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How Keeping a Journal Helps You Study Torah

By Ruth Ben-Or

It is a truth universally acknowledged that a bestseller proving the existence of God or the afterlife or the divine authorship of the Chumash must be followed by another proving the exact opposite. So I am not interested in offering you an inferior version of either. Fundamentalists and atheists (and Jane Austen fans), you can come back into the room now!

The following idea is a 21st century version of an early-modern existential problem: that there is not a unique version of our history as a species, a religion or a people and therefore science disproves religion (of any kind). If this seems otiose to you, dear readers, there are still many people who believe that critical study involves a loss of faith. The abundance of contemporary accounts (either those in other ancient cultures or those that scholars have discovered since) suggests, rather, that none of them was 100% right or wrong. Some pieces of missing evidence had yet to appear and others were suppressed or rejected.

I have kept a diary from a young age but, unfortunately, the first 52 years were lost, which may give our future archaelogists, psychologists, social historians and even theologians some trouble. Did I live in a Platonic cave and emerge suddenly into the modern world with a miraculous capacity to understand how it works? Of course not, and while it would be fairly easy to obtain documents to support evidence of my previous existence, e.g. a birth certificate, school attendance, medical records and later on a passport, what I was actually thinking or what I did with the rest of my time may be a little harder to prove.

Actual letters on paper (if anybody retained them) and photographs give some clues as to who my friends were and what we talked about and what we did for fun. A few of those people, or others who went by the same names, re-appear many years later, after a big chunk of my past was reduced to some legal documents and a box of photographs: first marriage, the birth of children, divorce… they can be found, but the narrative will remain an oral tradition unless somebody else cares to redact it.

The Polaroid era ends roughly where the Facebook era began (for me, not the world in general, which may be on a completely different timescale). Coincidentally, this was the year that a friend gave me a journal, so I started writing again. Some of the entries, especially the ones that dealt with current events, could be corroborated by other sources – rather like the Biblical accounts of kings, queens and battles. Others, dealing with private individuals identifiable by their initials or professions, are known only to me, although perhaps somebody will have fun trying to work those ones out.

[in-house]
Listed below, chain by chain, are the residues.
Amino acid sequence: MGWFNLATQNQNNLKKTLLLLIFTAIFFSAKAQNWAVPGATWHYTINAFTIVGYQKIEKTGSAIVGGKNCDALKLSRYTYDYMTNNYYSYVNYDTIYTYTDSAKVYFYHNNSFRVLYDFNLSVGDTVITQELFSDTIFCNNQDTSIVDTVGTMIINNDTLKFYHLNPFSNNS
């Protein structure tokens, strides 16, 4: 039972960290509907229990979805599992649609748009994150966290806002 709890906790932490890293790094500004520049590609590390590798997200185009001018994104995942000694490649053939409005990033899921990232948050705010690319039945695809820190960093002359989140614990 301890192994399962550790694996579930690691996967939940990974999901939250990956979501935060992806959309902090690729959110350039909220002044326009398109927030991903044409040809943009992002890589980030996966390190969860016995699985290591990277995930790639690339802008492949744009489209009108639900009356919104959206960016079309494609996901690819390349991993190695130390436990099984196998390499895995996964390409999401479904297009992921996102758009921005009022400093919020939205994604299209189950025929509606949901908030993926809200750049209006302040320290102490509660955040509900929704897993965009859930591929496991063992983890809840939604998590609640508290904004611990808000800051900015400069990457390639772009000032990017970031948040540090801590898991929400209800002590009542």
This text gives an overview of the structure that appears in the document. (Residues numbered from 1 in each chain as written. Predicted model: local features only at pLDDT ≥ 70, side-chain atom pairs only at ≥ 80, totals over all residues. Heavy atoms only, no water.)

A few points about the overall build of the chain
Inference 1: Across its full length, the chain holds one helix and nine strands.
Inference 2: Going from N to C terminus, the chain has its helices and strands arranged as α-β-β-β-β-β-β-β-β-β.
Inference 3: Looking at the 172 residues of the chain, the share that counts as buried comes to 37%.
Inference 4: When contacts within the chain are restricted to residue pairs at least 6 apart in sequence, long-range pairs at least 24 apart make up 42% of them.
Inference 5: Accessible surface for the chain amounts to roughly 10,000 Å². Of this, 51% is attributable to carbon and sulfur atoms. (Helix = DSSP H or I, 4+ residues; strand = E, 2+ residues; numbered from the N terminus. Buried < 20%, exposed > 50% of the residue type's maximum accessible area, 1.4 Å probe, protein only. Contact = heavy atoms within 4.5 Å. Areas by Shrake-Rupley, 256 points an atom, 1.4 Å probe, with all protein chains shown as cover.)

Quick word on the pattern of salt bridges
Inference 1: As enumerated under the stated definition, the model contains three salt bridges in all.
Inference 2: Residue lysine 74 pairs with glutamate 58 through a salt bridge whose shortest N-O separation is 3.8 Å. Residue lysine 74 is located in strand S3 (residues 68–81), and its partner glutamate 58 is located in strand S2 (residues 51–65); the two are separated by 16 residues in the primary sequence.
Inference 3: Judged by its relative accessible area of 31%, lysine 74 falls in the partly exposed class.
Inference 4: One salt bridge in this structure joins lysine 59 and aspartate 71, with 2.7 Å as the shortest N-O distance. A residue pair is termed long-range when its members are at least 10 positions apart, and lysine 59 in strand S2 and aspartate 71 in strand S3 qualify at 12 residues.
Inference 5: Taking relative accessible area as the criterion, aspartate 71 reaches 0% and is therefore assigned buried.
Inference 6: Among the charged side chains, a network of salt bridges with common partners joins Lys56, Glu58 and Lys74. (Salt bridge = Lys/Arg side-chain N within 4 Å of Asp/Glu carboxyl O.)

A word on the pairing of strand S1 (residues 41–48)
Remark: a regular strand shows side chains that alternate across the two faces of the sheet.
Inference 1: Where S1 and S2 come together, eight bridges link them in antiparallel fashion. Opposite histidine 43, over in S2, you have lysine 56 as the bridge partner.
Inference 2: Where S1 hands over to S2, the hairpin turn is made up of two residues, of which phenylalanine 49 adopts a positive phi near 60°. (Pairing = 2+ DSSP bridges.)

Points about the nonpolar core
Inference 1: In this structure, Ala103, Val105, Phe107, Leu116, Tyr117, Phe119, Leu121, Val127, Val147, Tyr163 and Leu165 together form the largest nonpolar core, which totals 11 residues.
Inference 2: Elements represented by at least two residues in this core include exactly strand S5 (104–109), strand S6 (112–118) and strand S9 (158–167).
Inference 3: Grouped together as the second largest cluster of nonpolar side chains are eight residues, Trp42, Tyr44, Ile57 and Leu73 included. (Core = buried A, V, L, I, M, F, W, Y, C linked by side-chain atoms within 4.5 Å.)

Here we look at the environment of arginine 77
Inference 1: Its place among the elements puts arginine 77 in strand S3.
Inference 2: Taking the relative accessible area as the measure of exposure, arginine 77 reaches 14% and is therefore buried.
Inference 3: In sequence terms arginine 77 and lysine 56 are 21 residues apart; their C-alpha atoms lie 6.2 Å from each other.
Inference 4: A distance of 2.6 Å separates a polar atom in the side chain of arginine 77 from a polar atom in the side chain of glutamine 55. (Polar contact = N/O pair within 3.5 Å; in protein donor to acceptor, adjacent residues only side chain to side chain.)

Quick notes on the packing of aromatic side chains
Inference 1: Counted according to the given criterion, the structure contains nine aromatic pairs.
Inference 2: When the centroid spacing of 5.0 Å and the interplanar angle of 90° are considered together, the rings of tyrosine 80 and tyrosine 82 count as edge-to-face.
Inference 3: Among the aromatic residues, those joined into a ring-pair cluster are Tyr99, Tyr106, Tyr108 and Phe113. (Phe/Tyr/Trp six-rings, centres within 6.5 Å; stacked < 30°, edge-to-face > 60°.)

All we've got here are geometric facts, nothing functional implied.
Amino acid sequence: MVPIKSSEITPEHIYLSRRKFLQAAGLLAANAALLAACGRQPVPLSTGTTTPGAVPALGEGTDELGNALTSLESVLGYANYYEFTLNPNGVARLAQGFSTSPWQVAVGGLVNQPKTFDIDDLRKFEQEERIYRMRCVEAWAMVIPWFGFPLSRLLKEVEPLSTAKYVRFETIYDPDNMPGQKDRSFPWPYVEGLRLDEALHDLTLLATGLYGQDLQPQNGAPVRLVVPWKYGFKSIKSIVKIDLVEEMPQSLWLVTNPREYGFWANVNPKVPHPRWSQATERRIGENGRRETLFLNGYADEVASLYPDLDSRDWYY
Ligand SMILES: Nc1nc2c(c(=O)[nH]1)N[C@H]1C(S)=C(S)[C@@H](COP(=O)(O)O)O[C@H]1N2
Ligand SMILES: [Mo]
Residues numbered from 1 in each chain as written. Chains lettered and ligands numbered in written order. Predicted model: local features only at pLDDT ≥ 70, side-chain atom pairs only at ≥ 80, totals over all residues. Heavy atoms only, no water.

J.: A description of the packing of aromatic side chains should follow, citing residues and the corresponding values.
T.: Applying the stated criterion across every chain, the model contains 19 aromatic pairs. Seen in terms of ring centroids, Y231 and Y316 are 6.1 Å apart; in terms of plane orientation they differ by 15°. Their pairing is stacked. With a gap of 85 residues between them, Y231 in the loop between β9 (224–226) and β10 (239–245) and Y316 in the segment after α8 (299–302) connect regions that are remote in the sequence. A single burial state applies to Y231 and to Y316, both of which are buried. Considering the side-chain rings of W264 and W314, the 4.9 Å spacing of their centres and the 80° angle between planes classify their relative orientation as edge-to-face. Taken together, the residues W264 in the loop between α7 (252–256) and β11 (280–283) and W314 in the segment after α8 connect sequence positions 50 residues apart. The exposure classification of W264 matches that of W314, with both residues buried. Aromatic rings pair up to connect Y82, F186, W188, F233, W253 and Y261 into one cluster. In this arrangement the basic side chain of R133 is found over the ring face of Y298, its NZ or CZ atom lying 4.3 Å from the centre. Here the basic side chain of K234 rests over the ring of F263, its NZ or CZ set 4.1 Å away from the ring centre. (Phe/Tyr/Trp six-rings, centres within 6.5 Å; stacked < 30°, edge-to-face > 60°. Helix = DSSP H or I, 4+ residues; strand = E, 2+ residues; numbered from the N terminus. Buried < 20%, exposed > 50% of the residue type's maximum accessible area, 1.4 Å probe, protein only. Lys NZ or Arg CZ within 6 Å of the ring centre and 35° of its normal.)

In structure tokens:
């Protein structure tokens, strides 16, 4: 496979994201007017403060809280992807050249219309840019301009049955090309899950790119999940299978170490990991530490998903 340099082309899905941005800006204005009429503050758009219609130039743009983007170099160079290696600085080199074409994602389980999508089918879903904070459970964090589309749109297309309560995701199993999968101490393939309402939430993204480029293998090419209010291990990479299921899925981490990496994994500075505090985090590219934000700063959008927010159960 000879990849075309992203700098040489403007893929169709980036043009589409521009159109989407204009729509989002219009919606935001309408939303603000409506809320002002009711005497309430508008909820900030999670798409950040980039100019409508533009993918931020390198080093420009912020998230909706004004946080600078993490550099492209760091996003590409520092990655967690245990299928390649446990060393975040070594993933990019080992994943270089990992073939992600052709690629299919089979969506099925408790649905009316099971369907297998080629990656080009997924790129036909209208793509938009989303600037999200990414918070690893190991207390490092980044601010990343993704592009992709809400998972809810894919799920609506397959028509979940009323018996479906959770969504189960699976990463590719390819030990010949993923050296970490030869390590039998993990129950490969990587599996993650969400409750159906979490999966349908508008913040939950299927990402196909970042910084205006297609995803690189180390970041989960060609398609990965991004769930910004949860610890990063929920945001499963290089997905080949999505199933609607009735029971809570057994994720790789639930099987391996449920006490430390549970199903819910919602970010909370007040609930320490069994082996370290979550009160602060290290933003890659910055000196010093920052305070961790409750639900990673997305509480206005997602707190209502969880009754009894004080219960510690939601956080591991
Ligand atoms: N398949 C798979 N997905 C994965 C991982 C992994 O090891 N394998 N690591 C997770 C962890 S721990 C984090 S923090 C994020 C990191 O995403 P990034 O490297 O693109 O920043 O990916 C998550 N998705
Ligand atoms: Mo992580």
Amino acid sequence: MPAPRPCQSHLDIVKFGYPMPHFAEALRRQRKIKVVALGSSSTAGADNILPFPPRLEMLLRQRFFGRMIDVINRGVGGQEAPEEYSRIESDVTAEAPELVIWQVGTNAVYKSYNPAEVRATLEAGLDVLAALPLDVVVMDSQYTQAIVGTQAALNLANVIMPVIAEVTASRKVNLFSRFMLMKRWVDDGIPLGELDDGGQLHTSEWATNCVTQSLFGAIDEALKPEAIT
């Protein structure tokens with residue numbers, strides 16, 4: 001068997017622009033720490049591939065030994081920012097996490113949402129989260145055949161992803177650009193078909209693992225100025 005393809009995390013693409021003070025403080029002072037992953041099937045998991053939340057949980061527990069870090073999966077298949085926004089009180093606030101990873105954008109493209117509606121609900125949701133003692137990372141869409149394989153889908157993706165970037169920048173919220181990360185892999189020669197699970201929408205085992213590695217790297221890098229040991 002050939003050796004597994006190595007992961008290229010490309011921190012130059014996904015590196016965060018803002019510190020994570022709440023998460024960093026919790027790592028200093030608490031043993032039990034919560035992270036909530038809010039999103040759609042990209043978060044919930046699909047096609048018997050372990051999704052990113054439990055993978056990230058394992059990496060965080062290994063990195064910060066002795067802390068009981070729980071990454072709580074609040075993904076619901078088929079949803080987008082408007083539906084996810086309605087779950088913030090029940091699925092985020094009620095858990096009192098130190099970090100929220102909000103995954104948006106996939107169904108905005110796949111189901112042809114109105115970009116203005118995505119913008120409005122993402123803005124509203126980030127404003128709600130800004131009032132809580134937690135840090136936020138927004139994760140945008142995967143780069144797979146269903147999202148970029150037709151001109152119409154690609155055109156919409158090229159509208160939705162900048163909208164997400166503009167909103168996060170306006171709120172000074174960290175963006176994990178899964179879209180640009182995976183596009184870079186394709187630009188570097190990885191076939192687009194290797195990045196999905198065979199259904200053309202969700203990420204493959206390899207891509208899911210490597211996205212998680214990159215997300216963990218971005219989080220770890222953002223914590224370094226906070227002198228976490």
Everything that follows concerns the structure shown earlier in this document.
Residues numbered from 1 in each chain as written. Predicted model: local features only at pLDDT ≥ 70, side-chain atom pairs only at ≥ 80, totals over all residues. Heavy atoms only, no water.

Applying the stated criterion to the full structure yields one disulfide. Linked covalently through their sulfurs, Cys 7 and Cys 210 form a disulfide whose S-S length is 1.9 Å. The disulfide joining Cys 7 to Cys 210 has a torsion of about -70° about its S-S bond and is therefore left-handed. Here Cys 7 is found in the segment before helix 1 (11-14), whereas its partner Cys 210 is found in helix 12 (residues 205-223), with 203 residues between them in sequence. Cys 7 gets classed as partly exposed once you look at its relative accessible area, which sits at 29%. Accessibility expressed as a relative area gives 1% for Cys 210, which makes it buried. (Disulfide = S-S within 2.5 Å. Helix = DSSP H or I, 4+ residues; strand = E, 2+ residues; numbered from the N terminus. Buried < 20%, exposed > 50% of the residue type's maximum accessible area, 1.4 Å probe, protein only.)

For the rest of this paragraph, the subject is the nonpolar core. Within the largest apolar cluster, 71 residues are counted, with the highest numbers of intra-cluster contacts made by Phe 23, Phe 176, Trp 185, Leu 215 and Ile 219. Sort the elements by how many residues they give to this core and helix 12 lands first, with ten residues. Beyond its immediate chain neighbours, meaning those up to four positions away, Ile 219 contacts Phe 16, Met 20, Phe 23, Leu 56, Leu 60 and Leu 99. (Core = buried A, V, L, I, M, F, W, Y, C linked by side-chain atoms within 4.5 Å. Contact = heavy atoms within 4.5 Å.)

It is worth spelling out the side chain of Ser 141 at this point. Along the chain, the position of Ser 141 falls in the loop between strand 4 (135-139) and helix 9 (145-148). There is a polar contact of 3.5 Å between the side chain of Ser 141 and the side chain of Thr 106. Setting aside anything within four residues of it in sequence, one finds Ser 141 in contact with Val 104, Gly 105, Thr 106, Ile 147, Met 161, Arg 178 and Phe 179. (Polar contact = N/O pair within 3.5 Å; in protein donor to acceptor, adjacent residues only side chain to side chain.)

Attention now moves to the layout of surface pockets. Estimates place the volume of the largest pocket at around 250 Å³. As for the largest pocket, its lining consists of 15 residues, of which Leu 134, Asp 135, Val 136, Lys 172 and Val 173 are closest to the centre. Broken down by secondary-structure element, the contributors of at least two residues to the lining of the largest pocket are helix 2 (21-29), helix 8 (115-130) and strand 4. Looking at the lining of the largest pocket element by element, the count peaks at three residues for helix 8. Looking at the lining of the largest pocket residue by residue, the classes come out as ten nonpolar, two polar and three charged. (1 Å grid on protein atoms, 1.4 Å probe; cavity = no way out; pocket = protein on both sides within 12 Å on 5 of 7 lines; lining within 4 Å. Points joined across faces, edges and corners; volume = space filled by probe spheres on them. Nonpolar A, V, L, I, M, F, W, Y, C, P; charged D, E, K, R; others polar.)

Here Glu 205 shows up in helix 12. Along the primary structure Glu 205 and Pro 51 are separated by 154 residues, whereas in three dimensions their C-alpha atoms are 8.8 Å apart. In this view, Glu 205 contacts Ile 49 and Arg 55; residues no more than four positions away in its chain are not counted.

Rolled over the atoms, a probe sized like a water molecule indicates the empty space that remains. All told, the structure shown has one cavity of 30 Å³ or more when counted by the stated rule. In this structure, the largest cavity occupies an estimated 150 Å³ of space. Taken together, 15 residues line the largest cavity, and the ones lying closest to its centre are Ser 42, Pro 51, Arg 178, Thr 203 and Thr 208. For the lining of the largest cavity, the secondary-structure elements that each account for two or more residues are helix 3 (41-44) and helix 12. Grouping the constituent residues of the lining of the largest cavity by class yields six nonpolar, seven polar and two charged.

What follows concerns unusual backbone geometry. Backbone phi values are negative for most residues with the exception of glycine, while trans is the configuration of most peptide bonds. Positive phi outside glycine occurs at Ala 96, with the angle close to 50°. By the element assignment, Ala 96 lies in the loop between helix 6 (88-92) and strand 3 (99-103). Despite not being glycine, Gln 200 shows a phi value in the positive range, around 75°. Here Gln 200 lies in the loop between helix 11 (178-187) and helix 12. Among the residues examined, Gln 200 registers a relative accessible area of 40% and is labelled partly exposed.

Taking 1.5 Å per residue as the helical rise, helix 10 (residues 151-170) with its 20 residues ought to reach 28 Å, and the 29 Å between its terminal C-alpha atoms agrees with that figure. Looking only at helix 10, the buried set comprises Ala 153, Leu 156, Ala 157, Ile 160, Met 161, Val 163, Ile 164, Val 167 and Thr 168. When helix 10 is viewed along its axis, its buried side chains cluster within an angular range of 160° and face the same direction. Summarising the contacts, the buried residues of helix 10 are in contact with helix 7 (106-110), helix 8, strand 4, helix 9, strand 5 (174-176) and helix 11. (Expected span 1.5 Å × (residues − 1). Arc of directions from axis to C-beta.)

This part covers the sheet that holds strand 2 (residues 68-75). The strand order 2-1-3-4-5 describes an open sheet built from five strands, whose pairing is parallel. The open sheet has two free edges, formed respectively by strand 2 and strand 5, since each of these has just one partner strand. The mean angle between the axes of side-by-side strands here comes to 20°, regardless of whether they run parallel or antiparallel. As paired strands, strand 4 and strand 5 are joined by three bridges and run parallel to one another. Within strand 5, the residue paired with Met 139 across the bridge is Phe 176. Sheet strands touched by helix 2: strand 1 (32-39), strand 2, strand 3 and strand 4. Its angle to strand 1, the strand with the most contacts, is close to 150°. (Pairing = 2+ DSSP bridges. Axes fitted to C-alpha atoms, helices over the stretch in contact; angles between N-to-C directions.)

Some disappear from the narrative because apparently they are dead or out of contact, whereas others with similar characteristics appear at the same time. Perhaps they are the same people going by other names, or conversely, if the same names recur, were they just common names in the lifetime of the writer?

The use of social media may tell a much wider audience something about my thoughts on religion and politics and even who my friends are, but again, it is not the whole story because a) not all of them use the internet and b) discretion is the better part of a blog, unless one has no inhibitions and is prepared for the consequences.

For the benefit of the aforementioned fundamentalists and atheists, I am working from the point of view that one can study Torah (or subsequent religious texts) from a religious as well as an historic perspective. The documentary theory of the Bible, as with one’s own scribblings, cuttings and typings, presents various complementary rather than antagonistic approaches. My university lecturers, Marxist to a man and woman, did not believe in an authorial voice in literature – but that is another (his or her-)story.

Looking back, I could call this, “How Biblical criticism can help you navigate the modern world,” which sounds simultaneously preachy and narcissistic. Looking forward, I hope those who upload this into their future brain come to some completely undreamt-of conclusion about both the past and the future. For those of you who have are having a leisurely read on paper now, Shabbat shalom!

Ruth Ben-Or is a member of Kol Nefesh Masorti Synagogue 

Posted on 7 February 2018

This blog aims to provide articles of interest on the weekly parashah and issues in Masorti Judaism, representing the full range of diverse views that exist among Masorti members. For guidance on any of the issues raised, please consult your rabbi.

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